High Winds Kick Up Dust Storms Visible From Space

By Tom Yulsman | February 21, 2013 1:55 am

Blowing dust in Mexico, and from the White Sands of New Mexico, was visible to NASA’s Aqua satellite on Wednesday

As a huge storm  began barreling into the Southwest on Wednesday, high winds kicked up large amounts of dust, as can be seen in the satellite image above.

In the picture, thick dust plumes can be seen streaming toward the northeast from Mexico, along with one particularly prominent plume from the White Sands of New Mexico. (The whitish patch visible toward the top of the image.)

The hashtag “#haboob” made the rounds on Twitter late on Wednesday, along with a kind of cool Instagram photo of what might be a dust storm moving in on an undisclosed location.

A satellite image posted by meteorologist Brad Panovich also got some traction.

And the ever awesome John Fleck of the Albuquerque Journal had this to say:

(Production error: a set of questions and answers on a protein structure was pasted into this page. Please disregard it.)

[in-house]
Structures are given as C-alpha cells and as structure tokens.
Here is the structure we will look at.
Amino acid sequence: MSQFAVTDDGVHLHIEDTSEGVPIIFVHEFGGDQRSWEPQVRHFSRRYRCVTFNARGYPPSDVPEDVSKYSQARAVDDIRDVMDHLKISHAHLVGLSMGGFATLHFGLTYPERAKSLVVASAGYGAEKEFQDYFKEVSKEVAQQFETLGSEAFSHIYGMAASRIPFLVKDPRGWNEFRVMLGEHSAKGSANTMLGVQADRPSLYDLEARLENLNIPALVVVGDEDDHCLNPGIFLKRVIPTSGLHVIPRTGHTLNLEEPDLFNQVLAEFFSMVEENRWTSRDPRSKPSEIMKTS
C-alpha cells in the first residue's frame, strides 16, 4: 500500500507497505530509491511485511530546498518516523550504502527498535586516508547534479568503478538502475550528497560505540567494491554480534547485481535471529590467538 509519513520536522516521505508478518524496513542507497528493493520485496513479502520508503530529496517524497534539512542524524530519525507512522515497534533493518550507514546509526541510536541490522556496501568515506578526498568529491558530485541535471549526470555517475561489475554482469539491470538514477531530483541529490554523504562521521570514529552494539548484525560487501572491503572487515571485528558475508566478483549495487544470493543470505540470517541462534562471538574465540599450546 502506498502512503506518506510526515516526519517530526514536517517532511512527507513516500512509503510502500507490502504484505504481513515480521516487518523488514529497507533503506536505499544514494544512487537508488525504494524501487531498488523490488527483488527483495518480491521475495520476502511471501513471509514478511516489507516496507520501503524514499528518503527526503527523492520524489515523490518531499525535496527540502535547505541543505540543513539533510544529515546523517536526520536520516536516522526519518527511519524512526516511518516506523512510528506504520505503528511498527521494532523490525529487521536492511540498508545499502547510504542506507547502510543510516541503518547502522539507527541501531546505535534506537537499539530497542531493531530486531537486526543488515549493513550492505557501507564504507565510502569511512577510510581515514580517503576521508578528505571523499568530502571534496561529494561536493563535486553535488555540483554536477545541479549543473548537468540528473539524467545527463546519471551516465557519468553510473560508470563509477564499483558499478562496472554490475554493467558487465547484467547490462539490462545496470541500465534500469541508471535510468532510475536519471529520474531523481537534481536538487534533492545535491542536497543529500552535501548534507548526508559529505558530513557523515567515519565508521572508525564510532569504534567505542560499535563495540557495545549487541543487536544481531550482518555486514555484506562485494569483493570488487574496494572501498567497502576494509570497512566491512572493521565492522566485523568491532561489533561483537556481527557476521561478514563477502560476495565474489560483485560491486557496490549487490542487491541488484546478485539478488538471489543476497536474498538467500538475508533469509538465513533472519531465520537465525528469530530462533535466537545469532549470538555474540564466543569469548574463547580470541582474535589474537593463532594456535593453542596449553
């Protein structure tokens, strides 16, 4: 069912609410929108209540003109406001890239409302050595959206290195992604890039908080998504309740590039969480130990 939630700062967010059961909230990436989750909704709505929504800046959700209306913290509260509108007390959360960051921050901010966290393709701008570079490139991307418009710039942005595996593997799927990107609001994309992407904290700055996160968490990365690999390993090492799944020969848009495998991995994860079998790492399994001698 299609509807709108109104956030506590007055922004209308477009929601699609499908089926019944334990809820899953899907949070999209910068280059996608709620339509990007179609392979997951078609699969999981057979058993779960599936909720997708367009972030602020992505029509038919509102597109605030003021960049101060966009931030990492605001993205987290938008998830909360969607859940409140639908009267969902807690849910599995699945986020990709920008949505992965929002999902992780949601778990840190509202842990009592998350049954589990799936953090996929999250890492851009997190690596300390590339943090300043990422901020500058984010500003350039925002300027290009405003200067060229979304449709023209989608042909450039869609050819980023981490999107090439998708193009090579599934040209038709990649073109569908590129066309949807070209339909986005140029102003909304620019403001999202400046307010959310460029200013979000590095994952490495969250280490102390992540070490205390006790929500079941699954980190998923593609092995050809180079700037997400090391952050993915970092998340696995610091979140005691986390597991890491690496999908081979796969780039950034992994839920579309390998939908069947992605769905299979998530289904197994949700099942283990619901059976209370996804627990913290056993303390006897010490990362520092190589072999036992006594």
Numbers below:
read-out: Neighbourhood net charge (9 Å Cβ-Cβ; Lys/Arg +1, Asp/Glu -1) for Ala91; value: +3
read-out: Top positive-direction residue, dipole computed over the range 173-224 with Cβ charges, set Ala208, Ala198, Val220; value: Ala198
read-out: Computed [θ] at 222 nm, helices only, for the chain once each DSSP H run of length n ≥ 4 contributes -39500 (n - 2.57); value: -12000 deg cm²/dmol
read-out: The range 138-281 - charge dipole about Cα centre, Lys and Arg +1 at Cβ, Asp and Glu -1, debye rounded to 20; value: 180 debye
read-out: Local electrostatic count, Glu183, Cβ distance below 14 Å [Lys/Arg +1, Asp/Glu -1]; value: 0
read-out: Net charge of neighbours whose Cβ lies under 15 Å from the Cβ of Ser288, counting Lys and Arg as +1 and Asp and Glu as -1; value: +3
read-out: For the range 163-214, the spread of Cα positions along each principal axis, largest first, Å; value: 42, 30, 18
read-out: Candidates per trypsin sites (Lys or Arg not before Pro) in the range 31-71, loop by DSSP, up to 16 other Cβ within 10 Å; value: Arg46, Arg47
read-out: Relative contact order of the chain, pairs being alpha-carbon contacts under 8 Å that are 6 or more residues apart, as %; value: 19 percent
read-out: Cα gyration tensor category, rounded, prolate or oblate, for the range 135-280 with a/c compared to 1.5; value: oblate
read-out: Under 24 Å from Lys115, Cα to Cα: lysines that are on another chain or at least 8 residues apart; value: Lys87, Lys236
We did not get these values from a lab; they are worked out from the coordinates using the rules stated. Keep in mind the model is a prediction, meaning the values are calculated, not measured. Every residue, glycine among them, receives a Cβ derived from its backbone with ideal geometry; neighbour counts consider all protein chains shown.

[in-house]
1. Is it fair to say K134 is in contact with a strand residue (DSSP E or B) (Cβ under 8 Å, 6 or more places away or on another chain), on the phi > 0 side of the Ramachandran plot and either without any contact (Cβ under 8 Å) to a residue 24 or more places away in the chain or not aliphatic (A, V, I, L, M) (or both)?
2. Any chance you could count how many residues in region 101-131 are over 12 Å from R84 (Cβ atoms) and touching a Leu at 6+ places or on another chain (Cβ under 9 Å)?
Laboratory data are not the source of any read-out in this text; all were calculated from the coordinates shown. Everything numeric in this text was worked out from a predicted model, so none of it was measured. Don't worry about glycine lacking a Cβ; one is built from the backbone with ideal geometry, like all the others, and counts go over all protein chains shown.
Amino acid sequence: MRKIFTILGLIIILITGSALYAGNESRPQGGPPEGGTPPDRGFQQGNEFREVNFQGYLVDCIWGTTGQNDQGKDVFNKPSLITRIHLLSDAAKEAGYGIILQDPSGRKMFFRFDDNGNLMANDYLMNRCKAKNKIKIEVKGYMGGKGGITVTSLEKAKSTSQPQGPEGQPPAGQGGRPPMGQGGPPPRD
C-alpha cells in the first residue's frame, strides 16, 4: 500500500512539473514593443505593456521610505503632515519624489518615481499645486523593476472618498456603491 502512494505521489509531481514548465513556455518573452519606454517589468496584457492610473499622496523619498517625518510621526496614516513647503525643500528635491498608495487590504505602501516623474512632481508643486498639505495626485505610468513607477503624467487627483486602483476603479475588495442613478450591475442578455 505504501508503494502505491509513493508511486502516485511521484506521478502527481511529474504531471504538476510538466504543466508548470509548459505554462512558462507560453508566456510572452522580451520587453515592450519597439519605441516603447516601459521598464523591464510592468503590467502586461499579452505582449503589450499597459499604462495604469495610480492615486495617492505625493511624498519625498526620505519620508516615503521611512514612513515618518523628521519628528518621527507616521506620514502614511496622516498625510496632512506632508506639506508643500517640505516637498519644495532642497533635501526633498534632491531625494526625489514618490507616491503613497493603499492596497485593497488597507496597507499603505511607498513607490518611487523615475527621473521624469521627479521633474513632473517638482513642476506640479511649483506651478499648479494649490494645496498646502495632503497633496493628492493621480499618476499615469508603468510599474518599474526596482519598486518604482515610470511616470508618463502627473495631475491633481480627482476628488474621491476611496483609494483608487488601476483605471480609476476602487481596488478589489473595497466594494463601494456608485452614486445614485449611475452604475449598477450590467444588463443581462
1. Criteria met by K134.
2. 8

We’re at that awkward point in New Mexico’s drought where a “snowstorm” may need to be renamed a “dust storm.”

As winter weather began moving in Tuesday from the west, the Albuquerque Health Department issued a blowing dust advisory, with high winds expected across much of New Mexico.

CATEGORIZED UNDER: Remote Sensing, select, Top Posts, Weather


ImaGeo is a visual blog focusing on the intersection of imagery, imagination and Earth. It focuses on spectacular visuals related to the science of our planet, with an emphasis (although not an exclusive one) on the unfolding Anthropocene Epoch.

About Tom Yulsman

Tom Yulsman is Director of the Center for Environmental Journalism and a Professor of Journalism at the University of Colorado, Boulder. He also continues to work as a science and environmental journalist with more than 30 years of experience producing content for major publications. His work has appeared in the New York Times, Washington Post, Audubon, Climate Central, Columbia Journalism Review, Discover, Nieman Reports, and many other publications. He has held a variety of editorial positions over the years, including a stint as editor-in-chief of Earth magazine. Yulsman has written one book: Origins: the Quest for Our Cosmic Roots, published by the Institute of Physics in 2003.


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